How is your current reimbursement approach, if any, working? If you’re providing a gas allowance or another taxable benefit, take a thorough look at the benefits and drawbacks. Consider requesting feedback from employees — this will help you identify areas for improvement. 

If you’ve established an opportunity for a more advantageous solution, consider tax-free options like a fixed and variable rate (FAVR) program or a tax-free accountable allowance program

2. Choose the right reimbursement method

Once you’ve gathered data on what’s been effective and what hasn’t, then you can pick the right reimbursement method that’s the best fit for your company — including budget and employee needs. Know that certain programs have their own set of eligibility requirements that your company has to fit into. Also, be aware of the IRS standard mileage rate and any other applicable rates, as these could impact your chosen reimbursement method. 

3. Establish clear guidelines

Having easy-to-understand documentation of your program is essential. Be sure to put together a comprehensive policy that defines any relevant details for your employees, including things like the documentation required for mileage tracking and expense claims, standards for reimbursements, restrictions on personal use of a car during business trips, and more.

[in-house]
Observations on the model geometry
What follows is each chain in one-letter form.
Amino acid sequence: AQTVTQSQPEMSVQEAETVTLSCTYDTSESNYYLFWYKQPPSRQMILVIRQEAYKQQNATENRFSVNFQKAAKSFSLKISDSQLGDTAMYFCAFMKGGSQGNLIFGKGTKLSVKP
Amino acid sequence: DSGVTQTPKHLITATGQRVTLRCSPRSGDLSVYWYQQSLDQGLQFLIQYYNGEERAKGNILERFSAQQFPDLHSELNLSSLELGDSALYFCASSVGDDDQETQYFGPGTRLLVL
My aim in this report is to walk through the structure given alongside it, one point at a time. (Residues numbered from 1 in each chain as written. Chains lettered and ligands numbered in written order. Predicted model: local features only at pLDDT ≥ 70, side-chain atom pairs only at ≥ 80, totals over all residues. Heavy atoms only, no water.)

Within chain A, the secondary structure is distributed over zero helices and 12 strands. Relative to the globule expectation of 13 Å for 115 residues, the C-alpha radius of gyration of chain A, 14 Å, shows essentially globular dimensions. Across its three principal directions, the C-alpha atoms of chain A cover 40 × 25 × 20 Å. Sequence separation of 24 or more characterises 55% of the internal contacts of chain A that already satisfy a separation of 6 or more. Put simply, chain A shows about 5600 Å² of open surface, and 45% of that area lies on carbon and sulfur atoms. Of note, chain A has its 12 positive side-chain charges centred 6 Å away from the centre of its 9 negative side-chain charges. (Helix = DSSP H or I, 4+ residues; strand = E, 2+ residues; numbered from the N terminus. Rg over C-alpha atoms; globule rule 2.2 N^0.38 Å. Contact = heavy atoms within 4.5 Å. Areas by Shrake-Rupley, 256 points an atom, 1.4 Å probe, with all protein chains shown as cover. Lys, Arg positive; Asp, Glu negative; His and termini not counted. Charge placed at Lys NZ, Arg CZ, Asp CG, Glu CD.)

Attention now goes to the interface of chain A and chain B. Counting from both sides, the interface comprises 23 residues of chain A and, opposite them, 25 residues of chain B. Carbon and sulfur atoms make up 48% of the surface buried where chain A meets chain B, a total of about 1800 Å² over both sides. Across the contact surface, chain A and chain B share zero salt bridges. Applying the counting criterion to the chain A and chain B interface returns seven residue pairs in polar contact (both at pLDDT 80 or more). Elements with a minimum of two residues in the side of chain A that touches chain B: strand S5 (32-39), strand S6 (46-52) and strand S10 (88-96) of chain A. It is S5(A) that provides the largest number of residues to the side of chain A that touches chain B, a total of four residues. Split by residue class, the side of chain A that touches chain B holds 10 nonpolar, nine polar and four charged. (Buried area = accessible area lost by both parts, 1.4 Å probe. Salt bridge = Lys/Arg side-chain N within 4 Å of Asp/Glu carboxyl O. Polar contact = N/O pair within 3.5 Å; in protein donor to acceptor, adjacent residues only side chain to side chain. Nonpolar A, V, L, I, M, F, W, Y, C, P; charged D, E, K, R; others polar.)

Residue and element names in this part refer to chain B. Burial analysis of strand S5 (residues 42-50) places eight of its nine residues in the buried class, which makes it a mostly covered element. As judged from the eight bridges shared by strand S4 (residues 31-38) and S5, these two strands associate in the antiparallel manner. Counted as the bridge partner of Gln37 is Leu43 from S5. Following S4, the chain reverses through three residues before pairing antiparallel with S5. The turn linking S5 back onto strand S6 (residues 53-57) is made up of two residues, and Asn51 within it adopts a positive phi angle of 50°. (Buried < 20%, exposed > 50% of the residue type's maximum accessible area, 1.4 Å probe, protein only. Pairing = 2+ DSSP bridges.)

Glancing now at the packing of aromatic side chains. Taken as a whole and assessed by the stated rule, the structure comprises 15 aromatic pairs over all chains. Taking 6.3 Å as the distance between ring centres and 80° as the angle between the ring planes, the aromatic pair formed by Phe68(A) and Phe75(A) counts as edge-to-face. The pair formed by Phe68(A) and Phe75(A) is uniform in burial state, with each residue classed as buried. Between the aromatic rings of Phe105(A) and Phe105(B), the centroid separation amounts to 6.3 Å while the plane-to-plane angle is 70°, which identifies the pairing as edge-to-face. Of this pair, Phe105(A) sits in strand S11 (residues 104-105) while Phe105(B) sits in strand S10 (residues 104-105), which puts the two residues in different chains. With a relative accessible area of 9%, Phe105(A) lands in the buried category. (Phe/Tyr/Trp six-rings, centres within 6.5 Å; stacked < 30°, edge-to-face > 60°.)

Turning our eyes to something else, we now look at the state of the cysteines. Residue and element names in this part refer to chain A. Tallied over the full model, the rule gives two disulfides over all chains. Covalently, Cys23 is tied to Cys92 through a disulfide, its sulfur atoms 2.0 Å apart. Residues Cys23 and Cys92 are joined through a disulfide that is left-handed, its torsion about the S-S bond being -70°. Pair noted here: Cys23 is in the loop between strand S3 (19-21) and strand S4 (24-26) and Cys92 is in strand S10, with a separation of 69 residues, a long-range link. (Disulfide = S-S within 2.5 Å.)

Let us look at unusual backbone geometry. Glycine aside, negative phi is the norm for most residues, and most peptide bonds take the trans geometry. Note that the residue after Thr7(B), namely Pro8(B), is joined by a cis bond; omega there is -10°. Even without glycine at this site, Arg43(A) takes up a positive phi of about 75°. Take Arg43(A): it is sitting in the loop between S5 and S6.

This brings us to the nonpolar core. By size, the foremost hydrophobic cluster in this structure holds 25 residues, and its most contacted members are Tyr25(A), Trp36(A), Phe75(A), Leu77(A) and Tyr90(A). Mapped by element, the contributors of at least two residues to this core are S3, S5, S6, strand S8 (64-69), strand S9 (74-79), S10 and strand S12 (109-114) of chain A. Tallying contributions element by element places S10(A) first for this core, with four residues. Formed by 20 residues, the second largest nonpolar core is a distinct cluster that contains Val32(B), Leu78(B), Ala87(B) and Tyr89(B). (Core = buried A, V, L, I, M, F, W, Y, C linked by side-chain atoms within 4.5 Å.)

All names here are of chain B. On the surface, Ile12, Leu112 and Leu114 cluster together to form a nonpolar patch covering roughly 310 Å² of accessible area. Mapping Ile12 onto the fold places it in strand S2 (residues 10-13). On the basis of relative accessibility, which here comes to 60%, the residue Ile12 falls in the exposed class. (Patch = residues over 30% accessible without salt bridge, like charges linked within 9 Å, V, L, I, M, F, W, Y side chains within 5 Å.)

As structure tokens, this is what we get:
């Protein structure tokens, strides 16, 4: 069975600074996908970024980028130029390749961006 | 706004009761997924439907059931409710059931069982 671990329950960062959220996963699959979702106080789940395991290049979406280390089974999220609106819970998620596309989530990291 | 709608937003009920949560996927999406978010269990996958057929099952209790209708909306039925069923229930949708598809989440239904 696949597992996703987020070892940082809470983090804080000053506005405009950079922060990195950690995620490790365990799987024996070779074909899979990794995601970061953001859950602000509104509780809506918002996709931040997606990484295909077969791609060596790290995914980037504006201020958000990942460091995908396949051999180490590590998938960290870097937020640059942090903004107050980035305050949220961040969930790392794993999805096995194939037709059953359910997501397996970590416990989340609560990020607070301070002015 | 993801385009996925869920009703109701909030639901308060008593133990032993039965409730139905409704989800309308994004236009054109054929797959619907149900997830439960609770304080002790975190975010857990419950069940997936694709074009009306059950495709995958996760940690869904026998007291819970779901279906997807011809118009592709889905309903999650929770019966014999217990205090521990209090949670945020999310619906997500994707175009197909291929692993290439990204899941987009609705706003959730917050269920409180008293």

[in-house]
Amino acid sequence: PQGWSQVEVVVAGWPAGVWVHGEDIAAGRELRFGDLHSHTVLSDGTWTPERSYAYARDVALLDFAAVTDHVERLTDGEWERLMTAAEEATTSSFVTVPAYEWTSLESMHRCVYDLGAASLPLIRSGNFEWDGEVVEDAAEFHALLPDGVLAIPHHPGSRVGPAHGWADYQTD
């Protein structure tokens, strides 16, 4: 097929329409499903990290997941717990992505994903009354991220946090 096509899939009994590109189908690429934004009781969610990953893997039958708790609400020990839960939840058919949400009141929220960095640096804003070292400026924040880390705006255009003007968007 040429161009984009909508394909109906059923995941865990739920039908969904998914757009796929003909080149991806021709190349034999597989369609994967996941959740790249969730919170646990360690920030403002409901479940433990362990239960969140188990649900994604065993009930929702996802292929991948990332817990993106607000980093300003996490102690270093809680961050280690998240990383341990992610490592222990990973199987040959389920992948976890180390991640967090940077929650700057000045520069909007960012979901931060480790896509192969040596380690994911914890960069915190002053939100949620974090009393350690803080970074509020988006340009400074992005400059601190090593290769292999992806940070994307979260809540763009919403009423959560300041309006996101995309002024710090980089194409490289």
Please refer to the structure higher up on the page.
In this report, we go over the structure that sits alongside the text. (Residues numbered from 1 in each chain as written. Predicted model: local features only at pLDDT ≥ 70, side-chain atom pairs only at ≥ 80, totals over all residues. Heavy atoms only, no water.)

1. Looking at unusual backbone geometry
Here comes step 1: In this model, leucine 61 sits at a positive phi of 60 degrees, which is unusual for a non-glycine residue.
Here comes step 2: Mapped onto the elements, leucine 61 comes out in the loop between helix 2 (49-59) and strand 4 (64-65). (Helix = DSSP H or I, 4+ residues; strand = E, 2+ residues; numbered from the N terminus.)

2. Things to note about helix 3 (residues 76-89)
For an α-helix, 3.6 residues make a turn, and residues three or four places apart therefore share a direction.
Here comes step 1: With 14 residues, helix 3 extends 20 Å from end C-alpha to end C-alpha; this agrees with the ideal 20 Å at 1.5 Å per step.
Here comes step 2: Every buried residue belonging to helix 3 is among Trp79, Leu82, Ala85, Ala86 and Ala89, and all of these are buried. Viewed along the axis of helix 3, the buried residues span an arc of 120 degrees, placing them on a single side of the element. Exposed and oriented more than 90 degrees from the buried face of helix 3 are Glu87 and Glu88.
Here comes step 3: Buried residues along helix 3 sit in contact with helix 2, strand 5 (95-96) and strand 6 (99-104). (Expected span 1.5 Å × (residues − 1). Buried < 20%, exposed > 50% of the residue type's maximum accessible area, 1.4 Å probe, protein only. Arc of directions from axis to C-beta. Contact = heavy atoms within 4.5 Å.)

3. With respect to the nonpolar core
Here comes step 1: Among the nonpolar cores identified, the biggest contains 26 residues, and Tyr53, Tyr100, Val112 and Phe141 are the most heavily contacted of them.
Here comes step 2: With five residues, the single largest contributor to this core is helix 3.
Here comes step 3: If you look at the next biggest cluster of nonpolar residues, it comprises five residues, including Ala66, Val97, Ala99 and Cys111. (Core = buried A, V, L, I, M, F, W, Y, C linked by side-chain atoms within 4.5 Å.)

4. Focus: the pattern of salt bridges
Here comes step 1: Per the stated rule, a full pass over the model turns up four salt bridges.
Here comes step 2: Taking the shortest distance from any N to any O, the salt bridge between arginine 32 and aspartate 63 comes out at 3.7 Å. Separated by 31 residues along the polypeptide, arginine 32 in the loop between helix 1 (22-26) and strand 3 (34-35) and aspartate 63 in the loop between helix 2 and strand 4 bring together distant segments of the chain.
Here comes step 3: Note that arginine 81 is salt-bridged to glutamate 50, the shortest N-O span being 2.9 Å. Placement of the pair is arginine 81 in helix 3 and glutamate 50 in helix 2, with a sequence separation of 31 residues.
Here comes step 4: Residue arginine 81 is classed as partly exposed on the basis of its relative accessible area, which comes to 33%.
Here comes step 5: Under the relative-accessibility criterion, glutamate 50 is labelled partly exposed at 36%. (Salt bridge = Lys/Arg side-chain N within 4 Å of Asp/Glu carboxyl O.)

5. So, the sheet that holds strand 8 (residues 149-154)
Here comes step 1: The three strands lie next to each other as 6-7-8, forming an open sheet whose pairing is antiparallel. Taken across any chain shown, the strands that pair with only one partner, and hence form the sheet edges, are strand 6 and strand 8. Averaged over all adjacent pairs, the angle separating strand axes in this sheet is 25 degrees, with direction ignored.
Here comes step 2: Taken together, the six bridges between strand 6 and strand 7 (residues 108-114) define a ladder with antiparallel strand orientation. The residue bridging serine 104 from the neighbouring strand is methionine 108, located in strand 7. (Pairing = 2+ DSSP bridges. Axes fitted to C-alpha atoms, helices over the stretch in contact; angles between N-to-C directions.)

4. Communicate and train

Be sure to communicate, with ample notice, the switch to your chosen reimbursement program. Beyond documentation, it’s also a good idea to train employees on how to track business mileage, claim expenses, and more. If you’re switching to a tax-free reimbursement program, make sure to clearly communicate the specific benefits to your employees.

5. Implementation

Next up — turning the program into a reality. Set a specific launch date and share it in advance. Ensure that you’re providing easy-to-use systems — such as mileage tracking software — for employees to track their business mileage, and for the company to process claims. Consider designating a contact person at the company to handle reimbursement queries when they come up, so you can be sure that questions and concerns are dealt with effectively.